Officials urge inmates to take steps to gain parole
MUNCY — Successful re-entry into society after incarceration begins the minute an inmate walks into the prison for the first time, said Leo L. Dunn, chairman of the state Board of Probation and Parole.
In two separate sessions Tuesday, Dunn and other re-entry officials spoke to inmates at SCI Muncy who are nearing eligibility for parole on what to expect and how to capitalize on the resources of supervision.
Tuesday’s stop is one of many Dunn is making to institutions all over the state in response to a significant decision to merge the board with the state Department of Corrections.
Gov. Tom Wolf announced that his administration established a memorandum of understanding that consolidated the department and the board this past October. Both agencies shared overlapping resources and functions, according to a release.
The understanding combined community supervision of parolees and all other re-entry services under a new chain of command. But each agency still remains separate from the other and functions individually.
Dunn told the crowd of over 100 inmates at the morning session that the board approves 58 percent of the inmates it interviews for parole.
“Our success rate is measured by how many are paroled and don’t come back after three years,” Dunn said. “The last few years, our success rate has also been 58 percent … meaning the majority of folks don’t come back.”
A lot hinges on an inmate’s interview with the parole board — being released into society or staying in prison.
Much of what Dunn discussed is what the board expects of inmates when they come into an interview.
“Think about who you were at the time of the crime that put you here and who you are now,” Dunn said. “We look at what activities you have done to become that person.”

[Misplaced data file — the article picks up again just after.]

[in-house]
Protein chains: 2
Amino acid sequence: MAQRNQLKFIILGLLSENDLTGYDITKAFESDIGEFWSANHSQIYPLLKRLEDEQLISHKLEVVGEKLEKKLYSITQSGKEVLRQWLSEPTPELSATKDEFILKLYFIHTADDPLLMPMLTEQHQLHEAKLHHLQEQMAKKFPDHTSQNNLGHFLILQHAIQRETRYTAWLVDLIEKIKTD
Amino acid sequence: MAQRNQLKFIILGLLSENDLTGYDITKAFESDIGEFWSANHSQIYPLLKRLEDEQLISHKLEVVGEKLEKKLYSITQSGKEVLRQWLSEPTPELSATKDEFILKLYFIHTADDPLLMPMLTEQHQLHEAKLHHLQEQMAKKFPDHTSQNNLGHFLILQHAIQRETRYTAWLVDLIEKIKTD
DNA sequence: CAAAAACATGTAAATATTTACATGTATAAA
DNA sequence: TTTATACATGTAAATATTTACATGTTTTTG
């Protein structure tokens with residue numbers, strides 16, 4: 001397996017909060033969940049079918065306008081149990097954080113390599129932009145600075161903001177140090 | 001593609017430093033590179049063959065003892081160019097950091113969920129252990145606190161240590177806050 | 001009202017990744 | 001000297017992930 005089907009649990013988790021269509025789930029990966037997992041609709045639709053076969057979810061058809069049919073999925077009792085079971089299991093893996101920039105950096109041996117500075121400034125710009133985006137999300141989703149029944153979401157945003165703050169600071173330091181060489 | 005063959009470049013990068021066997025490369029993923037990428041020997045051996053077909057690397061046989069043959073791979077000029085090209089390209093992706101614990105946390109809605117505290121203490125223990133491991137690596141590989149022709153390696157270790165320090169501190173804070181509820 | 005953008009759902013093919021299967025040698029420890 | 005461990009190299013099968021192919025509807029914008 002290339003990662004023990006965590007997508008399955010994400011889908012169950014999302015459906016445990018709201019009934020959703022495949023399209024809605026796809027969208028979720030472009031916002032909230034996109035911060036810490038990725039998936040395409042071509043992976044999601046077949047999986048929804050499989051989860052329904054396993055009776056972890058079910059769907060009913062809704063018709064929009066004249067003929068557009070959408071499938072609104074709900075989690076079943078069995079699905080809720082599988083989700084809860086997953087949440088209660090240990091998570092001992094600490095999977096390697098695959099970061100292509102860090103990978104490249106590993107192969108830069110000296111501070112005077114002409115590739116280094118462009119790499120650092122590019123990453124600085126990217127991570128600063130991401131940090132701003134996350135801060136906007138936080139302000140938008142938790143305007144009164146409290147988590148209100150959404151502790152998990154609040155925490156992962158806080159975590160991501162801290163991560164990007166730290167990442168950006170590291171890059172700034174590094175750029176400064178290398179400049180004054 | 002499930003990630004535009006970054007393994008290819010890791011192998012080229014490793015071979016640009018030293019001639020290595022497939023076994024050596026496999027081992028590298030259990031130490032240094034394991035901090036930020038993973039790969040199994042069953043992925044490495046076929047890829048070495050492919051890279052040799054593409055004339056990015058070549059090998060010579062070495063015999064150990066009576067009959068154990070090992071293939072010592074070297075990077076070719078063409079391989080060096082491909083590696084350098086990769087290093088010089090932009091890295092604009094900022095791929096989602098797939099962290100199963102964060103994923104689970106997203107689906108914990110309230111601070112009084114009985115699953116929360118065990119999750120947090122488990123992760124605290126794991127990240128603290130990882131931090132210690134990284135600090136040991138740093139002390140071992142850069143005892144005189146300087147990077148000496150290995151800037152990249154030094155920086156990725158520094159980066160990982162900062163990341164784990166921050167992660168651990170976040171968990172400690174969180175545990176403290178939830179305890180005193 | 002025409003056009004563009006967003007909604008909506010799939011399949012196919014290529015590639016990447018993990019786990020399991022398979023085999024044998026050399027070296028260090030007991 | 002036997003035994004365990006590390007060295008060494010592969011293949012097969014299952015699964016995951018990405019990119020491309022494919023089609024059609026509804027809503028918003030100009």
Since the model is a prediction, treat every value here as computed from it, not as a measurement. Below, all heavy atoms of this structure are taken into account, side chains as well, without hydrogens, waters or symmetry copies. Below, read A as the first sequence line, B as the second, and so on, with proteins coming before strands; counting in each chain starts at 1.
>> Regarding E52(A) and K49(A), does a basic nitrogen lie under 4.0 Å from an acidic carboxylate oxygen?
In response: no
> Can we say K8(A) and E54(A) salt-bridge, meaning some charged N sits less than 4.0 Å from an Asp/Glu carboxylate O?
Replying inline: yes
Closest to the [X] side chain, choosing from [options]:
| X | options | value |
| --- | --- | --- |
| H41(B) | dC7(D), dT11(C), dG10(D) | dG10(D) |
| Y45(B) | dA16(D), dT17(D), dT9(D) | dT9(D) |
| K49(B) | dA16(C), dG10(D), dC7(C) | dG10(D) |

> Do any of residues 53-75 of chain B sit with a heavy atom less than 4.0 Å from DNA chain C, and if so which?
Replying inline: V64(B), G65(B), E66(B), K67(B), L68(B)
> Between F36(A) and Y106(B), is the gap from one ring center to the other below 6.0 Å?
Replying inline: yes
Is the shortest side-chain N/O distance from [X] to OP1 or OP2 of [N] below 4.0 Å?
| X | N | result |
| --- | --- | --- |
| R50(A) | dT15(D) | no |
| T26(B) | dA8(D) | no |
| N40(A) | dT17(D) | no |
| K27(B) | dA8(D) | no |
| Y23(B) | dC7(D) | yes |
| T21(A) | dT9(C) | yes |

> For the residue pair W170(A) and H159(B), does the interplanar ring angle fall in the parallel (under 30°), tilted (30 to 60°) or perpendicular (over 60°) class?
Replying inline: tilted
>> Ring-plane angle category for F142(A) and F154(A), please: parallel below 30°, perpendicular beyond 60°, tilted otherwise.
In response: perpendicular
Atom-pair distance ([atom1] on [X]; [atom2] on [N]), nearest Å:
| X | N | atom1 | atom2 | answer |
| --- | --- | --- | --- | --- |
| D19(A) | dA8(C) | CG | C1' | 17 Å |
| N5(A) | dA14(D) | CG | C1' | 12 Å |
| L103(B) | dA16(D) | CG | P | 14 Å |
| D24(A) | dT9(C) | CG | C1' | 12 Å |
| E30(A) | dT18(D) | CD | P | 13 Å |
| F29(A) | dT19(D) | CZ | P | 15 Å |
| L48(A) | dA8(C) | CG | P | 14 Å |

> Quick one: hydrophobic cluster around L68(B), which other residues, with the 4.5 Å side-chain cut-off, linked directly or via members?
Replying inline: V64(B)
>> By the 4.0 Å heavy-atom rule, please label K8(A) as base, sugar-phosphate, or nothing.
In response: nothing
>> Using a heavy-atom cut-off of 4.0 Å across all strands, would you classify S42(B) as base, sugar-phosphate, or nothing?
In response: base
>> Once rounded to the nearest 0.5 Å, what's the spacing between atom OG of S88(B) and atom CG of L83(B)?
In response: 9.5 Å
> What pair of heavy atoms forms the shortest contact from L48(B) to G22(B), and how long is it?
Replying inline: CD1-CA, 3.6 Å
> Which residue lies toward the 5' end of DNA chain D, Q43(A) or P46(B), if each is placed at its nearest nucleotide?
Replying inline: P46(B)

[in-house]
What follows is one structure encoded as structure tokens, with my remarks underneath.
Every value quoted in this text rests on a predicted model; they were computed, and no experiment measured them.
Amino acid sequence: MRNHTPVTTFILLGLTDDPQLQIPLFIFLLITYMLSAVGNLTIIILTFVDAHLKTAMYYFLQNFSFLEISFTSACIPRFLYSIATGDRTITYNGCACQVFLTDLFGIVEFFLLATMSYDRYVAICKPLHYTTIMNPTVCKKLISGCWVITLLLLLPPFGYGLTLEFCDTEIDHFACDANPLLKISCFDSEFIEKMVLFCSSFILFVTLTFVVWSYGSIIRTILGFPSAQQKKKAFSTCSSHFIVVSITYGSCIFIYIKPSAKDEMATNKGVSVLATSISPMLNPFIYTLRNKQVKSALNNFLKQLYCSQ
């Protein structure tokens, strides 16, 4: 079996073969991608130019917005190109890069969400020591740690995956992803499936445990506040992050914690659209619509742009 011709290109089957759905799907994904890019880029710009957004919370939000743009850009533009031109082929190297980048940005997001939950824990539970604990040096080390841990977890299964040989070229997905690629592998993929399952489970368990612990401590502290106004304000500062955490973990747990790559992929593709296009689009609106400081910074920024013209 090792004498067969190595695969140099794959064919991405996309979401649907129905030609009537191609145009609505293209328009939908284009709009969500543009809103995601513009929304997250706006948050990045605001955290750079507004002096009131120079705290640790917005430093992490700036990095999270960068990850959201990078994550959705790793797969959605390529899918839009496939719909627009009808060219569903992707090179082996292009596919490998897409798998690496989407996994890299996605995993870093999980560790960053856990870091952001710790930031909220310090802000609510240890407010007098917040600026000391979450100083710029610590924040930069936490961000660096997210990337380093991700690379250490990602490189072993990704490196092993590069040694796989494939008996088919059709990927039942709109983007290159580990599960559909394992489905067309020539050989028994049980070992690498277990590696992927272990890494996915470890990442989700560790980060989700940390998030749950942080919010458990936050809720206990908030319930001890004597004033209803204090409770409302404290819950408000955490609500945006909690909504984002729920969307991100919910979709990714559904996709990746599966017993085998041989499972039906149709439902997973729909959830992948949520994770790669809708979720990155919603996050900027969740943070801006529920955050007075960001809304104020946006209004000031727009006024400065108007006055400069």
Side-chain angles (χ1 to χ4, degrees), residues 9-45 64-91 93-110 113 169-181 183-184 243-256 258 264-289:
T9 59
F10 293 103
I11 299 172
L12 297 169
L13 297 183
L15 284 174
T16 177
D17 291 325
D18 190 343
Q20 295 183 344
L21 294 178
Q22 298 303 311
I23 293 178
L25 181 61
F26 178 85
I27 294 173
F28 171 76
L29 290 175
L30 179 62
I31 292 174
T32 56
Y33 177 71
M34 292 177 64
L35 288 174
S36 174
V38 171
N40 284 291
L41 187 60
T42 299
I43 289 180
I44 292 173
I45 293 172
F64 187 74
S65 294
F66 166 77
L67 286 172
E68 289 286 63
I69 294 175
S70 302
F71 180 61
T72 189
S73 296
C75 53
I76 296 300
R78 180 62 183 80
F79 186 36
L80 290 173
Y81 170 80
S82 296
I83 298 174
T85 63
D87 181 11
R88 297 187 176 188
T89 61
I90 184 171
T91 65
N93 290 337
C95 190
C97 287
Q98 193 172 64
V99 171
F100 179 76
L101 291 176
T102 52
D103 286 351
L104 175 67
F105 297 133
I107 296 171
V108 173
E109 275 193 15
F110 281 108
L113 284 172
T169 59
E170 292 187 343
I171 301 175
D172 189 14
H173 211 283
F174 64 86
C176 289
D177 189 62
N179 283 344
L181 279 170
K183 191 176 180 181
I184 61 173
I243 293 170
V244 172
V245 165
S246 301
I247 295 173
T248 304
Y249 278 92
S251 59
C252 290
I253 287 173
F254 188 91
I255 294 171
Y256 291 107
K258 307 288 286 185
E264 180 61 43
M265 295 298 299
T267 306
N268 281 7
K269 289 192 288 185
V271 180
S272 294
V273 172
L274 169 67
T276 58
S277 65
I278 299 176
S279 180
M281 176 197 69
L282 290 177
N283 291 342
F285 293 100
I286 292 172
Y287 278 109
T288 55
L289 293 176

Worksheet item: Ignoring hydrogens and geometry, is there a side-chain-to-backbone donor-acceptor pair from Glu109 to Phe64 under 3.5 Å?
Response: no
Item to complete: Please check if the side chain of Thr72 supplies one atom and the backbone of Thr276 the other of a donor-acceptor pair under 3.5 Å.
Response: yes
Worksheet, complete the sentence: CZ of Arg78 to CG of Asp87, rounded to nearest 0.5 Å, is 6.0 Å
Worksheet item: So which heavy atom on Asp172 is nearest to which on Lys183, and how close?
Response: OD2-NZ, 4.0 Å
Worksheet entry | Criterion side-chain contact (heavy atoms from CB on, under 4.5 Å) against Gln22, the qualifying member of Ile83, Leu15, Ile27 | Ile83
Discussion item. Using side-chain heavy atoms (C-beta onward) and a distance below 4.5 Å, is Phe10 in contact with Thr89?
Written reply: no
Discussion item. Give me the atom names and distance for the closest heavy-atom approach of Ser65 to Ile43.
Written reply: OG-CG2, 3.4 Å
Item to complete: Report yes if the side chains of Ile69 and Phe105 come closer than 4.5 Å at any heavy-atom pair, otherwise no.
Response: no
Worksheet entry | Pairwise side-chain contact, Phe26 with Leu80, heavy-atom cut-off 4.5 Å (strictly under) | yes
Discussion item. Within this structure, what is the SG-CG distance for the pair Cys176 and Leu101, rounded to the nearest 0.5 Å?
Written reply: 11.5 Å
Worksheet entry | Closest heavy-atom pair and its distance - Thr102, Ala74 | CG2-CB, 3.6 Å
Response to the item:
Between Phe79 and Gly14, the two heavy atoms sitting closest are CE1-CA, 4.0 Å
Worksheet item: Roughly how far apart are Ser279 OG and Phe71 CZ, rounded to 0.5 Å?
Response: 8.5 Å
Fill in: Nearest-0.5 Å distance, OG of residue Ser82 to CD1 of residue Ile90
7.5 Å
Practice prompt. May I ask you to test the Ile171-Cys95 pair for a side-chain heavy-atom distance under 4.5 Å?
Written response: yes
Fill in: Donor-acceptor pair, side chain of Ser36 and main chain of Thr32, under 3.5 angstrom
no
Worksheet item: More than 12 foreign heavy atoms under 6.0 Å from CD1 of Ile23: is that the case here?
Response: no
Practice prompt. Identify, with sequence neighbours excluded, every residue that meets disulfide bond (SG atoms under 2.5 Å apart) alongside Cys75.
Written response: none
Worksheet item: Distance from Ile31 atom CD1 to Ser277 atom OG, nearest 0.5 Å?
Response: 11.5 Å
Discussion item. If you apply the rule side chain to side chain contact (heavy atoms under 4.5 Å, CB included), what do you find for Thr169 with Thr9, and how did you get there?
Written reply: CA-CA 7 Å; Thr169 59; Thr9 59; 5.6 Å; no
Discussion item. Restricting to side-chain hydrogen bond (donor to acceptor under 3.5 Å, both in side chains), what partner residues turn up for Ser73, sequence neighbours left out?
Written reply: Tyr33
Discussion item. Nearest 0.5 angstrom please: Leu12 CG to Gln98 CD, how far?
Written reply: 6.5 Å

Before an inmate comes before the board, Dunn said it’s good for them to have future plans for a job or housing figured out beforehand.
“Reconnect with your family and friends now before you get to the board,” he said. “That all puts you at a higher rate of success.”
George Little, director of the department’s Bureau of Community Corrections, emphasized reconnection with loved ones.
“Getting back into a home situation is the best option,” Little said.
It sometimes can take up to four weeks for an inmate to score a bed in a community corrections center. Little said it’s best not to be dependent on the centers because the best resources at a parolee’s reach are at home.
It’s the job of the board to find out as much about an inmate from the day they were born to the second they walk in for the parole interview, Dunn said. Everything from the opinion of the sentencing judge to family and friends is considered and kept in a profile that’s around for 89 years.
“Supervision is a serious privilege,” board member Michael C. Potteiger said. “We really do look to see where you have gone and how you’ve developed.”
The work toward being granted parole begins from the very beginning of a sentence.
Re-entry often is difficult, with many disadvantages associated with being incarcerated. That’s why it’s important to be active while inside.
“You already have strikes against you,” Potteiger said. “Use the resources you have and do anything you can to help you on the outside to put yourself above others.”
Potteiger has a background in field supervision and spoke about the tangible resources each inmate has through their parole officer.
“Utilize your parole officer,” Potteiger said. “We want to help you and give you the resources you need so you don’t come back.”
All three stressed the importance of setting reasonable goals.
“It’s the small steps that lead to big gains,” Little said.